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Judging of Actions
Question from Franco on 11/27/2012:

I teach, based on my Catholic faith, the truth. That truth is that we are out of love to judge actions of ourselves and other but to NOT judge the heart in matters of heaven and hel, meaning we can't determine who is righteous and worthy

Someone will always bring up "judge not yet ye be judged or who is free of sin shall cast the first stone" Do we not have a duty to correct a brother, or to take a sin to the church, to preach repent or forgiveness for if there has not been a judgment that something is a sin, there can be no repentance or forgiveness. There can be no pardon if there has been no crime.

I read on here where a woman suggested to a mom that her son's soul may be endangered because he has married a man and the mom was excited about it. So when the woman told her that, the mom replied that you are judging. Linda from this site appeared to correct the woman by saying she should have not brought that up when that woman was sharing joy in her son's life with her.

Well what if her son was murdering people and found joy in that? What if her son was aborting a baby and found joy in that? What if you met Hitler and he found joy in what he was doing? How do we put people in prison or how do we trials, judges and a jury if we aren't judging?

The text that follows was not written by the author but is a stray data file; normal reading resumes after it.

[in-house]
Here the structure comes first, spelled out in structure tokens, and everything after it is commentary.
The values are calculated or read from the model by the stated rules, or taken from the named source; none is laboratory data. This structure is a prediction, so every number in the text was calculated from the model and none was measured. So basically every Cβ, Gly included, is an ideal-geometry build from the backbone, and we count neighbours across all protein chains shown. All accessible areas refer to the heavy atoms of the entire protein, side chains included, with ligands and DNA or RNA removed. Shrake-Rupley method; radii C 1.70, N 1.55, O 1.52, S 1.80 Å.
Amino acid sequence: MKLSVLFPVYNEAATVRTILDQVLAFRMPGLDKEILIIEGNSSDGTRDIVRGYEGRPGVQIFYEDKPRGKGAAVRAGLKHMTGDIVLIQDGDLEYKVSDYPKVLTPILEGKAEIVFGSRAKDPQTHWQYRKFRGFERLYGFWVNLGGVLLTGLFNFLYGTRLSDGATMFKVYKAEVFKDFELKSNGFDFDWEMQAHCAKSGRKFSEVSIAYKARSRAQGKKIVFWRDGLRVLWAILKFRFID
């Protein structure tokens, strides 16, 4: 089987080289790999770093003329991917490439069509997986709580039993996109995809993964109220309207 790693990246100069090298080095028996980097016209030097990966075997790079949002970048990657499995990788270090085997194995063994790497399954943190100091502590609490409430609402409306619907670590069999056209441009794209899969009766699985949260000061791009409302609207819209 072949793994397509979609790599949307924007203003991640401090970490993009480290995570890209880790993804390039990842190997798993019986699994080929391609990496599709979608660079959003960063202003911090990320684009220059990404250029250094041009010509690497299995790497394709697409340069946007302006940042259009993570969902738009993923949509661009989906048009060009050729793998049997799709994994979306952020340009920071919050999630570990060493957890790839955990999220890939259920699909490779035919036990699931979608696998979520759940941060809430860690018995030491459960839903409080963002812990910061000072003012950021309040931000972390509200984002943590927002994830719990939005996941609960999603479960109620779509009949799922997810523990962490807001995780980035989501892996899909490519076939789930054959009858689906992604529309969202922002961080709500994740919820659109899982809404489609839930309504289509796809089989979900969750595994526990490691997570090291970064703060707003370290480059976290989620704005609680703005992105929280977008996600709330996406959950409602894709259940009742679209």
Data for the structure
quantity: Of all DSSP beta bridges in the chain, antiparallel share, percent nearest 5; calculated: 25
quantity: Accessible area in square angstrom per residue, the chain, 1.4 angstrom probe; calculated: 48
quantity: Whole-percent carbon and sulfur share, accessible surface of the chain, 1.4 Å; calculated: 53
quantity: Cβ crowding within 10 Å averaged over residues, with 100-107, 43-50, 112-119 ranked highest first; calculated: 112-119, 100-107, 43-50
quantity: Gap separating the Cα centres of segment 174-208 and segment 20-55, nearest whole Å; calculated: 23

How can we forgive or repent or pardon if we haven't judged that there is a crime, a sin, a tresspass and that includes selves and others as well? If I forgive you, that means I have judged your wrong doing.

Answer by Richard Geraghty on 1/6/2013:

Dear Franco,

You are right. It is our Catholic duty to judge that abortion and acts like that are wrong. It is wrong to marry outside the Church. But that does not mean that we know what is going on in the soul of one who acts that way. We cannot judge how responsible before God they are for their act. Only God knows that. What we and the Church knows is that these acts are wrong. We don't know how responsible for the sinners acts in the eyes of God. Only God knows that for sure. Sometimes a priest will refuse absolution because he judges that the sinner is not sorry for having done the sin. But that's the priest's responsibility, not ours.

Dr. Geraghty

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